Women's College Alumnae among the 2009
Class of 1982
Principal, Vernã Myers Consulting Group L.L.C.,
Vernã Myers was just a child during the
Civil Rights Movement of the 1960s, but the events of that decade
tremendously influenced her career path.
“Without justice, inclusion and equal opportunity,
we all suffer,” says Myers, principal of Vernã Myers
Consulting Group L.L.C., a diversity consultancy with some of
the country’s leading global law firms as clients.
“My practice is an extension of [the Civil
Rights Movement], going beyond the law and the sit-ins and marches
to try to create conversations and awareness to motivate people
to do the right thing.”
After earning a bachelor’s degree in political
science at Barnard College and a law degree at Harvard Law School,
Myers practiced corporate and real estate law.
She draws on her experience as a minority, female
attorney in her work with her clients. “My perspective helps
firms identify their blind spots and challenges them to broaden
their world view,” she says.
Myers soon found that the demands of the path
to partner did not allow her to be the mother she wanted to be
to her young son. She found a more accommodating culture as executive
director of The Boston Law Firm Group, a consortium of firms focused
on increasing diversity. She later served as the deputy chief
of staff for attorney general of Massachusetts, Scott Harshbarger,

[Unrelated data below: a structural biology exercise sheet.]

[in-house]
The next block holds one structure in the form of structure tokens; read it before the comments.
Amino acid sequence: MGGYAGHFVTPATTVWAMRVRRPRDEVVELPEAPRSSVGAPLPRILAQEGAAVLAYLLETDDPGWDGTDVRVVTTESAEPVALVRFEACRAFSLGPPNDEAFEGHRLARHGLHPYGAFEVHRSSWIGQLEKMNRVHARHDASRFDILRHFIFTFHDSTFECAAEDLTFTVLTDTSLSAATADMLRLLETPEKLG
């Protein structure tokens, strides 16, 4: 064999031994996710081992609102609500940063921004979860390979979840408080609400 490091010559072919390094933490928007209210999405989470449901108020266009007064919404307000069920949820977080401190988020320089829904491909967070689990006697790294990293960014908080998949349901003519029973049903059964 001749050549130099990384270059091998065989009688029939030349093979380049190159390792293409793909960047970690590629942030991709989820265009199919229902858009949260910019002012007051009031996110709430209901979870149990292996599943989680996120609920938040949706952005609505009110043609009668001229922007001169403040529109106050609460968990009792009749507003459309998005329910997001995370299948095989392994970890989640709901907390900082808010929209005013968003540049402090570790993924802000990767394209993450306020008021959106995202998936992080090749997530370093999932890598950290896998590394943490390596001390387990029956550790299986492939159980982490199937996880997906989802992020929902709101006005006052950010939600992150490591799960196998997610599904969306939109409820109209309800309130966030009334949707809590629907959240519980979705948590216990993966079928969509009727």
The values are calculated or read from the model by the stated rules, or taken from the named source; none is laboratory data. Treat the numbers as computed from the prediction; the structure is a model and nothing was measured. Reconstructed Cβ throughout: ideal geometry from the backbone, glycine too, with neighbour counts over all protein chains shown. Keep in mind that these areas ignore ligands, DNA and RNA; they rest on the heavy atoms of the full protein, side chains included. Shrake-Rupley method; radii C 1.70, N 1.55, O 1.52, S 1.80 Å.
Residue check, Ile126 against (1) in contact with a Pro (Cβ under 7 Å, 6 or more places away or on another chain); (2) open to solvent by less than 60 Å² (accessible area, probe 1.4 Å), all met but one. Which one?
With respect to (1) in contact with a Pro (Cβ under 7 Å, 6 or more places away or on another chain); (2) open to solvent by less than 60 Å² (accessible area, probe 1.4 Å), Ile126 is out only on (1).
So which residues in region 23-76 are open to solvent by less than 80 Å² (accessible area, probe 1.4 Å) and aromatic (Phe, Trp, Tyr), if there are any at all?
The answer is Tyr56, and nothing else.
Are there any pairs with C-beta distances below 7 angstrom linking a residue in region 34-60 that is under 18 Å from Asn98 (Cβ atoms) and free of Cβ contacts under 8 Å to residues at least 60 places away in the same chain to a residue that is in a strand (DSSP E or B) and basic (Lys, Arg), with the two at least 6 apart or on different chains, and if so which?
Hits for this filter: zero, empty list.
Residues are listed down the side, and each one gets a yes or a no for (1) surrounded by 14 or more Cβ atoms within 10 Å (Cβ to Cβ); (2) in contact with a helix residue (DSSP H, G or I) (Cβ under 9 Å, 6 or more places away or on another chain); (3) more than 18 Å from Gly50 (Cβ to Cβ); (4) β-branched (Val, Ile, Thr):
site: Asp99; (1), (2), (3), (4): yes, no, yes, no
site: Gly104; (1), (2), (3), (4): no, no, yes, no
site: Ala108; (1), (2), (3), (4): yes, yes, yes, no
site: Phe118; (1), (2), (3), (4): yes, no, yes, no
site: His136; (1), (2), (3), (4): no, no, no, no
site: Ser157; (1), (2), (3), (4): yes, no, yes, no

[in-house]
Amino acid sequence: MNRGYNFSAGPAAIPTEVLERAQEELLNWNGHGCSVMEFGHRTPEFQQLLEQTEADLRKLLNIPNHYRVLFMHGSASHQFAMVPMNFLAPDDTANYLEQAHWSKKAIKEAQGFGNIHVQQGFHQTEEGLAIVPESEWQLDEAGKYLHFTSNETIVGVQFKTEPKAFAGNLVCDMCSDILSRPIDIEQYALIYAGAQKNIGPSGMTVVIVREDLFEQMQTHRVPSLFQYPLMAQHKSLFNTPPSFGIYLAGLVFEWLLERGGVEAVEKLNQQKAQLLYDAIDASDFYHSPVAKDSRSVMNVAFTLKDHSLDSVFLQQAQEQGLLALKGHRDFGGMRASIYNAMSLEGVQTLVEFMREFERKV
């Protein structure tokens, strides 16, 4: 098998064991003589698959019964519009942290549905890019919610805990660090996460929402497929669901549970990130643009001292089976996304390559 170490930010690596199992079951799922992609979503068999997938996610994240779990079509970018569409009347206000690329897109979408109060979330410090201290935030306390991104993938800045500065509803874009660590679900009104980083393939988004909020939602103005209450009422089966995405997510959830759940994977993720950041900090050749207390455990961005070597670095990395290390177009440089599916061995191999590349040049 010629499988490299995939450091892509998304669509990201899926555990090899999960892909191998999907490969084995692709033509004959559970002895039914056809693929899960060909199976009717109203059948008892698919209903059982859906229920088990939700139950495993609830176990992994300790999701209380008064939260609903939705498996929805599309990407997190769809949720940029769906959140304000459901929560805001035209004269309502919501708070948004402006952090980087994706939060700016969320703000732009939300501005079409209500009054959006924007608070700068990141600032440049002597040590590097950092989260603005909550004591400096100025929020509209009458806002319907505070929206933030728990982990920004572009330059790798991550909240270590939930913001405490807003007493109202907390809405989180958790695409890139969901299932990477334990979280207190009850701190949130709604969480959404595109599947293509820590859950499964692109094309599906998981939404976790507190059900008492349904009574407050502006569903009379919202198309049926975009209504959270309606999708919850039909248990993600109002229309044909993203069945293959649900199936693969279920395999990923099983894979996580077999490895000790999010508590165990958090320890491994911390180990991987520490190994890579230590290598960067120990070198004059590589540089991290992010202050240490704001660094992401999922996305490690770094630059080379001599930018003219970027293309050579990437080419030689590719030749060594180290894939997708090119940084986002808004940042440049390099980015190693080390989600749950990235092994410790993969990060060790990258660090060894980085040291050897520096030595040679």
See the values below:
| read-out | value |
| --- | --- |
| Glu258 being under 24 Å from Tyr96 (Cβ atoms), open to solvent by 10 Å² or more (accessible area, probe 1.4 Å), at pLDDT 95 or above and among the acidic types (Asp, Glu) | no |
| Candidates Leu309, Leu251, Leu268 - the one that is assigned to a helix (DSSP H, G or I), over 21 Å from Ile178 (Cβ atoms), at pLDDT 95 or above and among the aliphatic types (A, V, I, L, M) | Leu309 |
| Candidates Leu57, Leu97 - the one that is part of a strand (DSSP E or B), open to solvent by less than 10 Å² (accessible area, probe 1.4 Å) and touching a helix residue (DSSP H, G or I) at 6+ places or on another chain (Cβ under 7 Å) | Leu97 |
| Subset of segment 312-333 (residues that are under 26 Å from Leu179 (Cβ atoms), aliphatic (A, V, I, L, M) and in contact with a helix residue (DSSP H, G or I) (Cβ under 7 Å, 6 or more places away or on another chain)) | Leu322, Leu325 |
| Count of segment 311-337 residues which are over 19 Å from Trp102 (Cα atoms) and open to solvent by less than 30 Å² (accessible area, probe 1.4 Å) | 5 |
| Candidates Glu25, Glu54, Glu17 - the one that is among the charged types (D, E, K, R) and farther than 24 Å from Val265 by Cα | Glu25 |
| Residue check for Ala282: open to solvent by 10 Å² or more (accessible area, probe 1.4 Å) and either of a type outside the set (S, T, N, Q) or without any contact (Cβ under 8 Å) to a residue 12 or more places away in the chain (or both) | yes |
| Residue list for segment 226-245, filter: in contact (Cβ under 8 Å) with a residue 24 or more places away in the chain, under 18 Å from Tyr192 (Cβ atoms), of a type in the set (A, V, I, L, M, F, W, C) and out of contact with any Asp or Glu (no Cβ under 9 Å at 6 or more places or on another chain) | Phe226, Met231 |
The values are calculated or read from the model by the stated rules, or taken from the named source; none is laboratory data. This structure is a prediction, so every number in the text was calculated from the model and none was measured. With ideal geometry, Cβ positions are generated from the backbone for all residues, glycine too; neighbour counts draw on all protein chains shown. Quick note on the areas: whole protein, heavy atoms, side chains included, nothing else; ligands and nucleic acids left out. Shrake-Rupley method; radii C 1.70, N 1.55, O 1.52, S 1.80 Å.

executing diversity and inclusion initiatives and outreach to
the state’s diverse population. She credits Harshbarger
with giving her the confidence to launch her own diversity-consulting
While her work focuses on addressing issues of
equality at the professional level, the Baltimore native also
recognizes the urgency of equity issues in underserved communities.
She hopes to find platforms to encourage people
of all backgrounds to confront the issues that divide and embrace
inclusion that enriches all.
“Having my feet in both worlds is important to me,”
Class of 1993
|Product Marketing Director, Chevrolet Midsize and Sports Cars
General Motors Corp., Detroit
12-year-old Karen Rafferty couldn’t wait for her pastor’s
sermon to end. After church, she hurried home to watch her favorite
annual event on television: The Daytona 500. “From then
on, I was hooked,” Rafferty says.
Since 1987, Rafferty has raced Chevrolet Corvettes,
Camaros and Pontiac Firebirds competitively, winning four U.S.
national titles in Sports Car Club of America’s Solo II
competition and nine trophy positions. Her love of cars opened
myriad possibilities at General Motors Corp., where she started
as an administrative assistant in 1988 in the Pittsburgh office.